Living With MBC Without a Caregiver (Part 2)
This is part 2 of a 2-part series on living with MBC without a caregiver. The previous installment addressed ways this reality creates additional layers of hard, on top of the difficulties experienced while living with MBC. This blog addresses tips and suggestions for those who find themselves navigating life with MBC without a caregiver.
Living with MBC as a single parent
Like me, if you find yourself in this role—living with an incurable disease and doing so as a single parent, without a caregiver — you may be wondering what you can do? Here are some things that helped me find strength on the journey, despite not having a caregiver. I hope these suggestions help you too!
Find your people
Forming my support circle was pivotal. Sometimes the support circle might be family, sometimes it might be friends, or sometimes, a mix of both. I have also joined several online groups that support MBC patients. I am not afraid to tell my people: “hey — you are my support system and I need you.” And I am not afraid to ask: “can I count on you to walk in this with me?”
Appreciate the friends who show up
I have learned to express my sincere appreciation to all those who show up to help. It's truly heart-warming. These helpers and supporters may be individuals who show up consistently, or they may be individuals who show up for a season and then drop back to make space for others. Whatever the case, I make a point to always tell my support system that I appreciate them—because I really do! Expressing appreciation will often remind friends and family of the unique role they play in my life, especially as they help me in tangible ways because I do not have a caregiver.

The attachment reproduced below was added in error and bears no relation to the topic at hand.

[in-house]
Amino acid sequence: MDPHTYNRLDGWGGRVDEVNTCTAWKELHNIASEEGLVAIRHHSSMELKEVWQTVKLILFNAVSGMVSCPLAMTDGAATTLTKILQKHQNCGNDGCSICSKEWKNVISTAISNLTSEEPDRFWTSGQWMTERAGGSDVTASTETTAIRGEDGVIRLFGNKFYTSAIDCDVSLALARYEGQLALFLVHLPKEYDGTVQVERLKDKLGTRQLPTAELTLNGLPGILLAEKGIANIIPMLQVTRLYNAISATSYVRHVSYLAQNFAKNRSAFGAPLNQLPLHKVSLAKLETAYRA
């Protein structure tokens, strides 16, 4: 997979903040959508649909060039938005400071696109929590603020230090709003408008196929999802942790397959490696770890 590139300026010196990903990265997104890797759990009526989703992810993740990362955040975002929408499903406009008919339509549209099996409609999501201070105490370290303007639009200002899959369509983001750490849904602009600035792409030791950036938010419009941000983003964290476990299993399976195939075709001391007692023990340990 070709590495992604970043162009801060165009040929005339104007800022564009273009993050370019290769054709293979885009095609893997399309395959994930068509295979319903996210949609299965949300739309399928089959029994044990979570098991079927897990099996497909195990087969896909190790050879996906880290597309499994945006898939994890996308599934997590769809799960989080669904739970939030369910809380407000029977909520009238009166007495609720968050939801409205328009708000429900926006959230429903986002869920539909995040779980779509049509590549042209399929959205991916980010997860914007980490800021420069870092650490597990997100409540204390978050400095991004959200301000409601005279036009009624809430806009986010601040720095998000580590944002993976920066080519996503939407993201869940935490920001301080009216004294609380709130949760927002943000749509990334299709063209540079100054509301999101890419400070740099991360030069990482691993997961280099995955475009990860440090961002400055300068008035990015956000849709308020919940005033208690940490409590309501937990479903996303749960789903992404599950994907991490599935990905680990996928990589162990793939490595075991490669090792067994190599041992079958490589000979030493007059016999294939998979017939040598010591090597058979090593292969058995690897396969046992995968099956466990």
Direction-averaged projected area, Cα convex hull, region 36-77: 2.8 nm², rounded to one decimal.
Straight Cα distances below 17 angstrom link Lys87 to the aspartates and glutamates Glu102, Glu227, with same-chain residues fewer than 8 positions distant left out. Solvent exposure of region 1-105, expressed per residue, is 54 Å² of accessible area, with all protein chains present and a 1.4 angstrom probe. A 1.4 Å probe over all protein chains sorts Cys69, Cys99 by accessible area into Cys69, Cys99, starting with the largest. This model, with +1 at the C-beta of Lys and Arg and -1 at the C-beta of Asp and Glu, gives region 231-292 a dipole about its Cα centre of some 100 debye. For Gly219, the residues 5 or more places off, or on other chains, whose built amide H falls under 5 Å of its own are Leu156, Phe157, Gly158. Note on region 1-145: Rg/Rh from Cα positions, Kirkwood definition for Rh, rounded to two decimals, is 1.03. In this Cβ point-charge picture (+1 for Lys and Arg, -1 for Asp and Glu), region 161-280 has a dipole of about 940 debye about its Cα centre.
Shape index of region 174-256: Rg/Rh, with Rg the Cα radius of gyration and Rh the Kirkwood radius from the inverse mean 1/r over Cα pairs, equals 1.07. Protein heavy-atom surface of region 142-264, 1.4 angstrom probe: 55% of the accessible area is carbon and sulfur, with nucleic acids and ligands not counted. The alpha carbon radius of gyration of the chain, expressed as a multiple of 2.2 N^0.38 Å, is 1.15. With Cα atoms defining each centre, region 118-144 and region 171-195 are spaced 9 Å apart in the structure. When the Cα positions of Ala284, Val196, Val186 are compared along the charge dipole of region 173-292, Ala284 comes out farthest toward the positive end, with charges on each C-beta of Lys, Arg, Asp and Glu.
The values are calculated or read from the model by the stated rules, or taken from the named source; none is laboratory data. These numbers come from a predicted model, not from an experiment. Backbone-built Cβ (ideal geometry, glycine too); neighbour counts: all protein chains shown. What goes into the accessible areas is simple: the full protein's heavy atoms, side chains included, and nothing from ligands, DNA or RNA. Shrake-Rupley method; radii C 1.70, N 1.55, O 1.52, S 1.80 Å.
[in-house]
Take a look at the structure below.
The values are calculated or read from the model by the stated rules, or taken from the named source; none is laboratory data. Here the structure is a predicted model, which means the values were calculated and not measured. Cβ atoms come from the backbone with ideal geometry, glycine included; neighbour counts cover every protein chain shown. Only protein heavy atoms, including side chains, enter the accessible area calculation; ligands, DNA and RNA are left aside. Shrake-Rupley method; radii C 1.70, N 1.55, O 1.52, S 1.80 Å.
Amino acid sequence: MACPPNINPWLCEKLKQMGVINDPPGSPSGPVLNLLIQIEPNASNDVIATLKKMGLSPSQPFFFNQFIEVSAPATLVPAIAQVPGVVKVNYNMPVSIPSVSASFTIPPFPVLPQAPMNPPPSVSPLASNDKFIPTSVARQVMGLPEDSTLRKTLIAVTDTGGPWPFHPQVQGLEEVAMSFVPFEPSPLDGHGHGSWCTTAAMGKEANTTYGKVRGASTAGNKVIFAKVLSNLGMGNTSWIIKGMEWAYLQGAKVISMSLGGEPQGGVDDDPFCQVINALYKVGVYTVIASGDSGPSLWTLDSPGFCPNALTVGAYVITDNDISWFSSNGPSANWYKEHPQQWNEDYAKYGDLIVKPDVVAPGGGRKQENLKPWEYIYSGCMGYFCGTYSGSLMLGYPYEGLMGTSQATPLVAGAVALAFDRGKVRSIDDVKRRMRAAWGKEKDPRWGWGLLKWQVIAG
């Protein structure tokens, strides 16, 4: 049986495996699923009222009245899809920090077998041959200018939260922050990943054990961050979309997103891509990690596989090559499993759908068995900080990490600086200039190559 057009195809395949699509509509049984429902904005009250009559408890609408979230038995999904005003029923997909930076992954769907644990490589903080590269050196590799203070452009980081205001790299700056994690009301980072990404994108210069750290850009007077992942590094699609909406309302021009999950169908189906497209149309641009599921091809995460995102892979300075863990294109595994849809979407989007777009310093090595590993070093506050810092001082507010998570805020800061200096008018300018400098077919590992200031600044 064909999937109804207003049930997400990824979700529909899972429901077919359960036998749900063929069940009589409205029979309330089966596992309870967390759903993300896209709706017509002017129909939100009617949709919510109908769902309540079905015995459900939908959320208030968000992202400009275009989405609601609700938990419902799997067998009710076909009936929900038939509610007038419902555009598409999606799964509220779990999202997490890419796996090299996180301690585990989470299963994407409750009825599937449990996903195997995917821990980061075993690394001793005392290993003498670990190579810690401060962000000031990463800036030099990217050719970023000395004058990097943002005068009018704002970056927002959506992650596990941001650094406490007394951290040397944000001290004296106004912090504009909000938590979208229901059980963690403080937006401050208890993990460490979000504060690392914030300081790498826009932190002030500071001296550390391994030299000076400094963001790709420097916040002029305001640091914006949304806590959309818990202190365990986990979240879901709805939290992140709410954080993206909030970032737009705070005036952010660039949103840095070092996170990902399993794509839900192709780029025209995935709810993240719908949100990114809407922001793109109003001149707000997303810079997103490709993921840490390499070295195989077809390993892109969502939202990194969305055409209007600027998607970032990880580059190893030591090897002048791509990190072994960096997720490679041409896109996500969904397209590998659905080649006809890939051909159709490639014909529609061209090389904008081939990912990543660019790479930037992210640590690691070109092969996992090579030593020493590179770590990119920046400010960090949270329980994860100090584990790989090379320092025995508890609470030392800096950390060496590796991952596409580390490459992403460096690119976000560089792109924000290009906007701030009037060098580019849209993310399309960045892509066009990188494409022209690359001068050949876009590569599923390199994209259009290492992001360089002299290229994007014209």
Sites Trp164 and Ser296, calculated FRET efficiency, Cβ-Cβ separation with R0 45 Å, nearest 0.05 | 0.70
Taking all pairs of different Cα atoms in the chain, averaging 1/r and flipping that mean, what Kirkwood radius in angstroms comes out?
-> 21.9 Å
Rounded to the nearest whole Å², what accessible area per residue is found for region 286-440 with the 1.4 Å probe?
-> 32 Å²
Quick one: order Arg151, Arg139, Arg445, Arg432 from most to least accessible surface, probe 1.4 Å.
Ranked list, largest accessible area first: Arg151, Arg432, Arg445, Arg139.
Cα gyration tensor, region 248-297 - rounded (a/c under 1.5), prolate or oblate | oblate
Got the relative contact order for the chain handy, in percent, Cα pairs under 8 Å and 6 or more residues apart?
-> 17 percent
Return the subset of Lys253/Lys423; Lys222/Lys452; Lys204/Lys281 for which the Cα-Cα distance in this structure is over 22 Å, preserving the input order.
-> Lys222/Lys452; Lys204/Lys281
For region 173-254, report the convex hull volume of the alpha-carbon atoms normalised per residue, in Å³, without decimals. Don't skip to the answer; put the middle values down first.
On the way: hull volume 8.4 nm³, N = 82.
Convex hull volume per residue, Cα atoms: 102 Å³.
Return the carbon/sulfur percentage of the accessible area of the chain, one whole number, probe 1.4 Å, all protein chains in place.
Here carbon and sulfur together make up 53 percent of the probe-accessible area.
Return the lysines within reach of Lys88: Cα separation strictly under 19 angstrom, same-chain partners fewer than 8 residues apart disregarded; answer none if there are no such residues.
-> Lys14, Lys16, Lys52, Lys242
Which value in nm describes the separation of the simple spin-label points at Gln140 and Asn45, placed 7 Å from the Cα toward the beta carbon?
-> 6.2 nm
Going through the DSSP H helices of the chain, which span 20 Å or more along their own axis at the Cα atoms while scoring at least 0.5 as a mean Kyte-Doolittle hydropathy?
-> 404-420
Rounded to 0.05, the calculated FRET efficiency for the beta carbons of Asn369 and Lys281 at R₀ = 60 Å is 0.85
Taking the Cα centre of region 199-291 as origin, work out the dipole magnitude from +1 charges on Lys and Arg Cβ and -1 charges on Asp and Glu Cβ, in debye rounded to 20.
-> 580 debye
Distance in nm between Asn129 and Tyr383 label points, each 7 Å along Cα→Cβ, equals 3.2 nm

Don’t be afraid to ask directly for help
Without a caregiver, we get used to doing things on our own, but it doesn’t have to be this way. Asking directly for help might look like asking for a ride to an appointment or asking for meals to be delivered after surgery or even during a rough week. As the one living with MBC, it’s wise to conserve energy for the things I MUST do and let others help with the things they can. It’s even wise to ask for help with non-cancer-related things! Sometimes I just need help staying on top of laundry because that’s the one thing I seem to have no energy for, and my family is delighted to help with that!
Rotate friends who help
I like to spread out the help so that no friend or family member gets overwhelmed. Some weeks I might have the energy to do it all, and other weeks, I might be calling on multiple friends. I find that rotating my friends and support spreads the load, and I often let friends know I will reach out when I need help with anything, whether it’s another errand or visit, or even just a listening ear.
Take time to process
Without having a consistent caregiver, I’ve learned I need to make sure I am taking time to verbally and emotionally process what I am going through. This might look like having a group text to share details with trusted friends or family. Or, it might look like having a monthly lunch appointment with a best friend who will hold space and allow me to vent. Whatever the outlet, I try and make time to process with safe people.
Allow permission to feel the extra emotion
I have sought counsel and therapy frequently. I have allowed myself to honor the reality: living with MBC is incredibly hard and doing so without a partner or caregiver is extra hard. It’s okay to feel the emotions that come with this, and it’s okay to long for things to look different. Once I give myself permission to feel and process, I can then commit to making the best of the situation, even without a consistent caregiver.
Internal radiation therapy is the most common type of radiation used to treat breast cancer.